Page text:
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A History of the Reformation (Vol. 2 of 2)

He spent some time with Calvin


"How long I continewed prisoneir, what torment I susteaned in the galaies, and what war the sobbes of my harte, is now no time to receat: This onlie I can nocht conceall, which mo than one have hard me say, when the body was far absent from Scotland, that my assured houp was, in oppin audience, to preache in Sanctandrois befoir I depairted this lyeff."[290]

The prisoners were released from the galleys through the instrumentality of the English Government in the early months of 1549, and Knox reached England by the 7th of April. It was there that he began his real work as a preacher of the Reformation. He spent nearly five years as minister at Berwick, at Newcastle, and in London. He was twice offered preferment--the vacant bishopric of Rochester in 1552, and the vicarage of All Hallows in Bread St., London, in the beginning of 1553. He refused both, and was actually summoned before the Privy Council to explain why he would not accept preferment.[291] It is probable that he had something to do with the production of _The Book of Common Prayer and Administration of the Sacraments and other Rites and Ceremonies in the Church of England, 1552_, commonly called the _Second Prayer-Book_ of King Edward VI. The rubric explaining kneeling at the partaking of the Holy Supper, or at least one sentence in it, is most probably due to his remonstrances or suggestions.[292] The accession of Mary Tudor to the throne closed his career

in England; but he stuck to his work long after his companion preachers had abandoned it. He was in London, and had the courage to rebuke the rejoicings of the crowd at her entry into the capital--a fearless, outspoken man, who could always be depended on for doing what no one else dared.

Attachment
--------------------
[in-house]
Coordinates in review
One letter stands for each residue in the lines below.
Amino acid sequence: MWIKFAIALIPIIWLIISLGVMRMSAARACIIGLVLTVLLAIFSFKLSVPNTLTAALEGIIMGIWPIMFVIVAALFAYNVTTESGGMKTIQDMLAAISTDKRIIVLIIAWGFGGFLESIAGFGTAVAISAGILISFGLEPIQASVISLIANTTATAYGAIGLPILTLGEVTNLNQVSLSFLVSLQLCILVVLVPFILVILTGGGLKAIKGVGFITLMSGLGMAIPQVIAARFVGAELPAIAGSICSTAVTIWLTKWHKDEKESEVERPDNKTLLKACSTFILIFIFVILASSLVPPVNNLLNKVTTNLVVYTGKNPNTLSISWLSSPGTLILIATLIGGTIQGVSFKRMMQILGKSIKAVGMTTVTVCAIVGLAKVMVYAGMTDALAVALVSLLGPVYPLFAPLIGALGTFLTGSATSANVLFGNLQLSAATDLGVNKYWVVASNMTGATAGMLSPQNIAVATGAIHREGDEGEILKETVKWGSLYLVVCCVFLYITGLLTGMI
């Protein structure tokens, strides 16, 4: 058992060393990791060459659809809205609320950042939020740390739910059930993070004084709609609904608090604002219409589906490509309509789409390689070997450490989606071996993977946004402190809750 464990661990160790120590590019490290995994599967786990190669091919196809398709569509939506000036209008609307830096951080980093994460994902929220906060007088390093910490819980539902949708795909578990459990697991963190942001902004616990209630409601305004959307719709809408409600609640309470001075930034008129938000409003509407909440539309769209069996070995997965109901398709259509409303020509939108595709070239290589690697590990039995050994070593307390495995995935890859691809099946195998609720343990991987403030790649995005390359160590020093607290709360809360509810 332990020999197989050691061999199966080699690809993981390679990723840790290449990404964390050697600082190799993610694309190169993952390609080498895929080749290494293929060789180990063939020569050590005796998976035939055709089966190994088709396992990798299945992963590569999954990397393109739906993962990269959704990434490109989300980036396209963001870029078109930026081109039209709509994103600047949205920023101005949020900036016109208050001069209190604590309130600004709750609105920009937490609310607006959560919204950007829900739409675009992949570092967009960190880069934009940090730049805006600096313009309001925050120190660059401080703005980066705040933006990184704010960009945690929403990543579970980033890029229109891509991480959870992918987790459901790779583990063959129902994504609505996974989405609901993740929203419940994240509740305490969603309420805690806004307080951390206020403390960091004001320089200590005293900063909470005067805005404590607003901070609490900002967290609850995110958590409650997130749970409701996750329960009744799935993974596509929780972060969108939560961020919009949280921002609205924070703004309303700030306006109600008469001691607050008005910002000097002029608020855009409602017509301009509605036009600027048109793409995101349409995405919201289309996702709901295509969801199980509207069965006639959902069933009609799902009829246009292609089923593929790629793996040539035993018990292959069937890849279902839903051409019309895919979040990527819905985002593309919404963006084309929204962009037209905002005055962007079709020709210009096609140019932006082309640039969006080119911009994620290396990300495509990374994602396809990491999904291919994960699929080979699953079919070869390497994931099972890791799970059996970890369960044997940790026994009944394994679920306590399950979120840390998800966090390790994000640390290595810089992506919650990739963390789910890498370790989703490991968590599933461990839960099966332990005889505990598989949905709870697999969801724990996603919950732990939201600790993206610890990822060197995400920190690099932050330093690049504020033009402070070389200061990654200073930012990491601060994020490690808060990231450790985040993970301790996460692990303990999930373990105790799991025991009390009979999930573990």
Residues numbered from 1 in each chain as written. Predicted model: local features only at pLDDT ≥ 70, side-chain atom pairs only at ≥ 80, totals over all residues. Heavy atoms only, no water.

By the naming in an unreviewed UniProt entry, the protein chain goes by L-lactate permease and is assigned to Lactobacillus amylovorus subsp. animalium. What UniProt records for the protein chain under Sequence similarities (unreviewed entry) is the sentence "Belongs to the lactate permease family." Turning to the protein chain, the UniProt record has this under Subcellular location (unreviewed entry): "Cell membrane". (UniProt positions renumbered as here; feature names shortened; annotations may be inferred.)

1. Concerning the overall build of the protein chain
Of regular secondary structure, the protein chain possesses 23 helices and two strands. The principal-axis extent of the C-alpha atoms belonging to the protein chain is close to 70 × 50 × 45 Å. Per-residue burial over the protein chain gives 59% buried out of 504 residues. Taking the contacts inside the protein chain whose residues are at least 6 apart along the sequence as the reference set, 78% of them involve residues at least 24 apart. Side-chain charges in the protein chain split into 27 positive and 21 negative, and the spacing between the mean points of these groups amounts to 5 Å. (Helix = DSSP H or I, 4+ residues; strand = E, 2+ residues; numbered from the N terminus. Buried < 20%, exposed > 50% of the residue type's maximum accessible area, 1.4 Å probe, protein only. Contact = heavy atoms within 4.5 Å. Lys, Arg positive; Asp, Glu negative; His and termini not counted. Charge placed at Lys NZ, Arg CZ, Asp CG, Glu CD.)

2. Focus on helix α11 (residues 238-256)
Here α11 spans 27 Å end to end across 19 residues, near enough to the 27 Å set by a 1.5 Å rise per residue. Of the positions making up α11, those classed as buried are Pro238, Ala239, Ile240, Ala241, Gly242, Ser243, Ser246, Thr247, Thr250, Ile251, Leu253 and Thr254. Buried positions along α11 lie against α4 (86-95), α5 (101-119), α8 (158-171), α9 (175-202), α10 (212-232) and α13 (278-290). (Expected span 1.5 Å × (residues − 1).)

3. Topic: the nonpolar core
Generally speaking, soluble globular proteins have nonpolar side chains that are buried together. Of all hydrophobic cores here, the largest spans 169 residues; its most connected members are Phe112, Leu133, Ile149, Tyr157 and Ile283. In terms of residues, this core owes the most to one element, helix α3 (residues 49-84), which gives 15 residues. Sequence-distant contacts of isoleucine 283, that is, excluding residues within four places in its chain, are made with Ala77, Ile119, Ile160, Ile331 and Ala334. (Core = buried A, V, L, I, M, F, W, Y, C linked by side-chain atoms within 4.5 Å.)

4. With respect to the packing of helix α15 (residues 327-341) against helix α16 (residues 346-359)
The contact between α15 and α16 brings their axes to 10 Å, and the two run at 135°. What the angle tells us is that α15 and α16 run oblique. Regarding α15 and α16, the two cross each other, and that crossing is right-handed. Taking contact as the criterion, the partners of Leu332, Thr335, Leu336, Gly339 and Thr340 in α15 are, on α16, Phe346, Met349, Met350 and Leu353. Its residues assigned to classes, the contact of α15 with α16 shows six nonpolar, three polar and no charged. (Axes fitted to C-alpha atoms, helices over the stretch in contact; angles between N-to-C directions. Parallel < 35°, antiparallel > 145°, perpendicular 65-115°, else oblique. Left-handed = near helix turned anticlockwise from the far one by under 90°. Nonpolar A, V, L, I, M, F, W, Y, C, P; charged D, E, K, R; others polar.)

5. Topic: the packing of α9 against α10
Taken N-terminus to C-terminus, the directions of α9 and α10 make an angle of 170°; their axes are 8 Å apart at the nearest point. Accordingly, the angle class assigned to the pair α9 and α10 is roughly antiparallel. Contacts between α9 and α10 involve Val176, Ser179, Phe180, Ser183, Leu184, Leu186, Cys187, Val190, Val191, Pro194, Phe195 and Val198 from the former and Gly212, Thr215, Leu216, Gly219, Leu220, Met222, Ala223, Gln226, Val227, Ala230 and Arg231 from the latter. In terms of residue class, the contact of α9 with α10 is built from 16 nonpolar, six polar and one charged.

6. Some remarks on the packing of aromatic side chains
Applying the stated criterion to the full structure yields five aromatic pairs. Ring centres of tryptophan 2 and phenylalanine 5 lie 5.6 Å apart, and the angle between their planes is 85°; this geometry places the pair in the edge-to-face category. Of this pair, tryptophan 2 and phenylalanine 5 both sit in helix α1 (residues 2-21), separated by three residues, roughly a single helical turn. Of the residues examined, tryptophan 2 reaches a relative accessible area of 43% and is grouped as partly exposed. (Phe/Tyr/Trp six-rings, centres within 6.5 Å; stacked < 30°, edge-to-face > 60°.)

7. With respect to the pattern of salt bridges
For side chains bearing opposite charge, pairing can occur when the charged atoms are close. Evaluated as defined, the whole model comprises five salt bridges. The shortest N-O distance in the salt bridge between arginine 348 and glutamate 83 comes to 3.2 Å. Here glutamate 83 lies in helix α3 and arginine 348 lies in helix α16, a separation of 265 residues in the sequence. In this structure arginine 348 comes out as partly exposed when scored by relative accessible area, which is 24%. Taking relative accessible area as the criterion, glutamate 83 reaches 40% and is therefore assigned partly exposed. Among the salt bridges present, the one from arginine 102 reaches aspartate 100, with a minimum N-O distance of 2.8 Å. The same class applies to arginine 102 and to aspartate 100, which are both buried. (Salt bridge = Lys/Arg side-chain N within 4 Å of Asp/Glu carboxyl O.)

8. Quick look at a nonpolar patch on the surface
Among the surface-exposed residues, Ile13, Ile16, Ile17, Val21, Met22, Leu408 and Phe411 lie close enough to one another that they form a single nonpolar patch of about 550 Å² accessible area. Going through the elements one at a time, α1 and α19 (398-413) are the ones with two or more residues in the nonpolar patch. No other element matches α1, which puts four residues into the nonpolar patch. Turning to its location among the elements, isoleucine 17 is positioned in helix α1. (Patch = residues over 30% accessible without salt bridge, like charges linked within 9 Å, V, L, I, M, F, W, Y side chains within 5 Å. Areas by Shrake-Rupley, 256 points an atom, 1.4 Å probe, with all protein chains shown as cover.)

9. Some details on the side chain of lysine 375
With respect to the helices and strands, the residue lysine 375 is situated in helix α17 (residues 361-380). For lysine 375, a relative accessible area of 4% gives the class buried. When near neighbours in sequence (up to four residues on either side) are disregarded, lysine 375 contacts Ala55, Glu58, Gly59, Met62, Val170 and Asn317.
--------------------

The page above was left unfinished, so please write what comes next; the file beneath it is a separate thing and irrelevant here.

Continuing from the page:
Knox got safely across the Channel, travelled through France by ways unknown, and reached Geneva. He spent some time with Calvin, then went on to Zurich to see Bullinger. He appears to have been meditating deeply on the condition of Scotland and England, and propounded a set of questions to these divines which show that he was trying to formulate for himself the principles he afterwards asserted on the rights of subjects to restrain tyrannical sovereigns.[293] The years 1554-58, with the exception of a brief visit to Scotland in the end of 1555, were spent on the Continent, but were important for his future work in Scotland. They witnessed the troubles in the Frankfurt congregation of English exiles, where Knox's broad-minded toleration and straightforward action stands in noble contrast with the narrow-minded and crooked policy of his opponents. They were the time of his peaceful and happy ministrations among the refugees at Geneva. They made him familiar with the leading Protestants of France and of Switzerland, and taught him the inner political condition of the nations of Europe. They explain Knox's constant and accurate information in later years, when he seemed to learn about the doings of continental statesmen as early as Cecil, with all the resources of the English Foreign Office behind him. Above all, they made him see that, humanly speaking, the fate of the whole Reformation movement was bound up with an alliance between a Protestant England and a Protestant Scotland.

Knox returned to Scotland for a brief visit of about ten months (Sept. 1555-July 1556). He exhorted those who visited him in his lodgings in Edinburgh, and made preaching tours, dispensing the Lord's Supper according to the Reformed rite on several occasions. He visited Dun, Calder House, Barr, Ayr, Ochiltree, and several other places, and was welcomed in the houses of many of the nobility. He left for Geneva in July, having found time to marry his first wife, Marjory Bowes,--_uxor suavissima_, and "a wife whose like is not to be found everywhere,"[294] Calvin calls her,--and having put some additional force into the growing Protestantism of his native land. He tells us that most part of the gentlemen of the Mearns "band thame selfis, to the uttermost of thare poweris, to manteane the trew preaching of the Evangell of Jesus Christ, as God should offer unto thame preacheris and opportunitie"--whether by word of mouth or in writing, is not certain.[295]


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